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Tadahiro Sekimoto

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Tadahiro Sekimoto
Born(1926-11-14)November 14, 1926
DiedNovember 11, 2007(2007-11-11) (aged 80)
Alma materUniversity of Tokyo
AwardsIEEE Medal of Honor (2004)
IEEE Alexander Graham Bell Medal
IEEE Fellow
Scientific career
FieldsElectrical engineering

Tadahiro Sekimoto (関本忠弘, Sekimoto Tadahiro, November 14, 1926 – November 11, 2007) was a Japanese electronics engineer, a recipient of the IEEE Medal of Honor (2004), chairman of Japan's Institute for International Socio-Economic Studies (IISE), and former chairman of the Board of Councilors of the Japan Federation of Economic Organizations (Keidanren) who served as president and later chairman of Japan's NEC Corporation (NEC). Born in Hyōgo, Japan, Sekimoto earned his BS in physics in 1948 and his Doctor of Engineering degree in 1962 at the University of Tokyo.

On 11 November 2007, he died after a series of strokes.[1]

Corporate career[edit]

Sekimoto joined NEC, now a globally active Japanese information technologies conglomerate and member of the Sumitomo Group, in 1948. He started his career at the company's Central Research Laboratories, where he advanced to chief of basic research in 1965. In August 1965 he was appointed to a two-year assignment at COMSAT in Washington, DC, where he engaged in research on digital transmission technologies used in satellite communications. On his return to NEC in 1967, Sekimoto was appointed to manage the company's Communications Research Laboratory. He rose to general manager of NEC's Transmission Division in 1972 and, in 1974, was elected to the NEC board of directors. He was appointed senior vice president in 1977 and executive vice president with portfolio for sales in Japan in 1978. In this position, he enhanced the company's sales operations in the Japanese domestic market by creating structures conducive to marketing mass-produced electronics products. In 1980, Sekimoto was appointed president of NEC and launched NEC's C&C concept for integrating computers and communications, which resulted in significant sales increases. Finally, Sekimoto served as chairman of the board from 1994 to 1998, when he resigned from the post (as well as from his chairmanship of the Keidanren Board of Councilors) to apologize for NEC's role in a scandal involving the Japan Defense Agency, Japan's de facto defence ministry.[2]

Contributions to communications technologies[edit]

Sekimoto, in addition the accomplishments of his corporate career, made significant contributions to the advancement of communications technologies over more than 50 years.[3] During his 17 years at NEC's Central Research Laboratories he designed early pulse-code modulation equipment down to the coding and decoding circuitry. During his two years at COMSAT, he set up a communications processing laboratory and oversaw or helped oversee numerous projects covering voice-, data-, and video-processing technologies, including the development of single-channel-per-carrier pulse-code-modulation multiple-access demand-assignment equipment and assigned it the acronym SPADE because "the ace of the spades in card games was regarded as almighty".[4] Later, in the early 1970s, Intelsat commercialized SPADE technology, which is credited with allowing developing countries to join global networks by making satellite communications affordable to them. A time-division multiple access (TDMA) system and an automatic routing system Sekimoto developed were not only hugely significant for satellite communications, but also became indispensable elements of cellular mobile communications thirty years on. Seminal in their day, many technologies and applications Sekimoto worked on at NEC and COMSAT are integral to modern telecommunications systems, and they helped lay the groundwork for the global networks that many societies now depend on.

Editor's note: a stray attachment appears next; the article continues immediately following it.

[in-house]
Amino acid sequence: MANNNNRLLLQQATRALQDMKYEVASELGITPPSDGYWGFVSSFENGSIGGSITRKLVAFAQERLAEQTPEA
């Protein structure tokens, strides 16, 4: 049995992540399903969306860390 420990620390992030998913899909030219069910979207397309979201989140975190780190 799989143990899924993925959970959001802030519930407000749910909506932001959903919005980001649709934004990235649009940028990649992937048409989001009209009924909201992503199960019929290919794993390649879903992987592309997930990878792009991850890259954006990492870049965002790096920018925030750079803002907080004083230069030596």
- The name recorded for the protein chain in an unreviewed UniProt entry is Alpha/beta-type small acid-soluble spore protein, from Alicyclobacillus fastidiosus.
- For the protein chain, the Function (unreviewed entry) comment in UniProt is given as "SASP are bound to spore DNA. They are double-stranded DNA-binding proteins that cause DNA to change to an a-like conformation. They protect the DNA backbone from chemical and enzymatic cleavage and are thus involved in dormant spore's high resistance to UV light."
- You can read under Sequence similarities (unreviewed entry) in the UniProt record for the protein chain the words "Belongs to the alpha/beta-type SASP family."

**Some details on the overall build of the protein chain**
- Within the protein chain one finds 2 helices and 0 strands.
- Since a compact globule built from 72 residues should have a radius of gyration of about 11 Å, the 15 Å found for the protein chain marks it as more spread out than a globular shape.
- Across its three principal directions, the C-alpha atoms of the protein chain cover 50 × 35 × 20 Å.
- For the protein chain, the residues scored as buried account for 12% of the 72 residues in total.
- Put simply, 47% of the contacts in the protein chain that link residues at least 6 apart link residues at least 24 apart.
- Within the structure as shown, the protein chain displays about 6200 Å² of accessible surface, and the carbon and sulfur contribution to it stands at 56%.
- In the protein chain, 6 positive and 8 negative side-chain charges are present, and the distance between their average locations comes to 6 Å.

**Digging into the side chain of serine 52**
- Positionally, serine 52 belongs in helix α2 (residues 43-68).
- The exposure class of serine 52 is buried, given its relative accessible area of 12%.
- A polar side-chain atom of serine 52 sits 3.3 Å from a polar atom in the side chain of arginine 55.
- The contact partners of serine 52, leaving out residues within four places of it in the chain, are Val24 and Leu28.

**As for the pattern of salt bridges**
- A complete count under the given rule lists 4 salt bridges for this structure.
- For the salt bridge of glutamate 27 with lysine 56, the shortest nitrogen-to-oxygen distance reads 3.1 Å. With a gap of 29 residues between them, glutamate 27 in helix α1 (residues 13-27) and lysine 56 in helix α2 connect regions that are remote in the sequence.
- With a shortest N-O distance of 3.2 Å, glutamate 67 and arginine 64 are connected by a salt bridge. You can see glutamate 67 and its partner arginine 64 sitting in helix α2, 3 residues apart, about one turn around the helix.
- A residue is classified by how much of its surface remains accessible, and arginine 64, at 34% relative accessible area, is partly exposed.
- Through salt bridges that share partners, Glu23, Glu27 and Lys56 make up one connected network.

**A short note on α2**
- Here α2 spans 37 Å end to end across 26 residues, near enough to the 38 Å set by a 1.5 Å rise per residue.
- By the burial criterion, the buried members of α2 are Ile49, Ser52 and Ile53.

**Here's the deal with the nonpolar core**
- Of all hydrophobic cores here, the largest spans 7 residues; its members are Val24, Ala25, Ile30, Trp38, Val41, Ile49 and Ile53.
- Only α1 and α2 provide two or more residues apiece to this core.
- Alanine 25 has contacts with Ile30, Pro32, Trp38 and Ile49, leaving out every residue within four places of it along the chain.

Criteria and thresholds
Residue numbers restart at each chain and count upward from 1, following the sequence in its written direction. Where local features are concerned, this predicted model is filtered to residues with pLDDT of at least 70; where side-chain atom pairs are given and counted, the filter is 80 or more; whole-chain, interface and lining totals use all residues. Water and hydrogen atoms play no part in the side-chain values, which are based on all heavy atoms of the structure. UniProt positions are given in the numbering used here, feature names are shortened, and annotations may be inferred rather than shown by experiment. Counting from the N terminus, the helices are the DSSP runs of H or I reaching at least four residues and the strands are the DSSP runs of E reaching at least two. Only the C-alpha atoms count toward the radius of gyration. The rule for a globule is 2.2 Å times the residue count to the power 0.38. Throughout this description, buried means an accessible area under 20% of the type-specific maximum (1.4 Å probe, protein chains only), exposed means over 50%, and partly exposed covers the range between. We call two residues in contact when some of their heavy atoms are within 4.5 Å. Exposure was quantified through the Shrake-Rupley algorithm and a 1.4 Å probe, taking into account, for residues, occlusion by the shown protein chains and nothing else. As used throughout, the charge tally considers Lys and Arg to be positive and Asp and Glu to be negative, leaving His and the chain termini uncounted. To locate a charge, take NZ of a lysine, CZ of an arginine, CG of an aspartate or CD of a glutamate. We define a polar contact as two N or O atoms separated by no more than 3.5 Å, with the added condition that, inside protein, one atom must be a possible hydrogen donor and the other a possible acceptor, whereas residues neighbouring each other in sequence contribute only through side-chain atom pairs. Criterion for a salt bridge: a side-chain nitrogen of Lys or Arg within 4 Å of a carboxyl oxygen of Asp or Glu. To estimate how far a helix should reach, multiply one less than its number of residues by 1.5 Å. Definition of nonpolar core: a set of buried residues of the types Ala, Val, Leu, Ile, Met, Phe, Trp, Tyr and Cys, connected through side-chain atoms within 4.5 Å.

Sekimoto has also authored numerous works, both technical publications and books written for a wider audience, and he has 35 Japanese and five non-Japanese patents to his credit.

Recognition for accomplishments[edit]

Sekimoto, an IEEE Life Fellow and a foreign associate of the National Academy of Engineering in the U.S., has been recognized for his contributions to communications with numerous awards. In addition to its Medal of Honor, the IEEE also awarded him its Alexander Graham Bell Medal, and he is a recipient of the IEEE Communication Society’s Edwin Howard Armstrong Award. He has also received the American Institute of Astronautics and Aeronautics’ Aerospace Communications Award. He was appointed a Chevalier of the Legion of Honour of France in 1995 and an honorary Knight Commander of the Order of the British Empire (KBE) in 1996. The Japanese government honoured him with a Medal of Honor with Purple Ribbon in 1982 and the Grand Cordon of the Order of the Sacred Treasure in 1997; he was posthumously granted the third degree of precedence in official rank in 2007.[5]

When speaking, Sekimoto invariably credits his mentor, Koji Kobayashi—also an engineer who served as president and then chairman of NEC, for inspiring him to pursue his interests. Sekimoto was lately active in promoting research on relations between Japan and other countries and ways to solve Japan's own social problems through his role at the IISE.

Awards and honors[edit]


  1. ^ "Tadahiro Sekimoto, Former Chairman of NEC,Passed Away on November 11, 2007". NEC Corporation. Retrieved 2007-11-12.
  2. ^ "NEC: News Release 98/10/23-02".
  3. ^ "IEEE Awards Program". Institute of Electrical and Electronics Engineers (IEEE).
  4. ^ "Monthly Column". www.i-ise.com. Archived from the original on 2003-08-19.
  5. ^ Japanese Wikipedia
Preceded by IEEE Alexander Graham Bell Medal
Succeeded by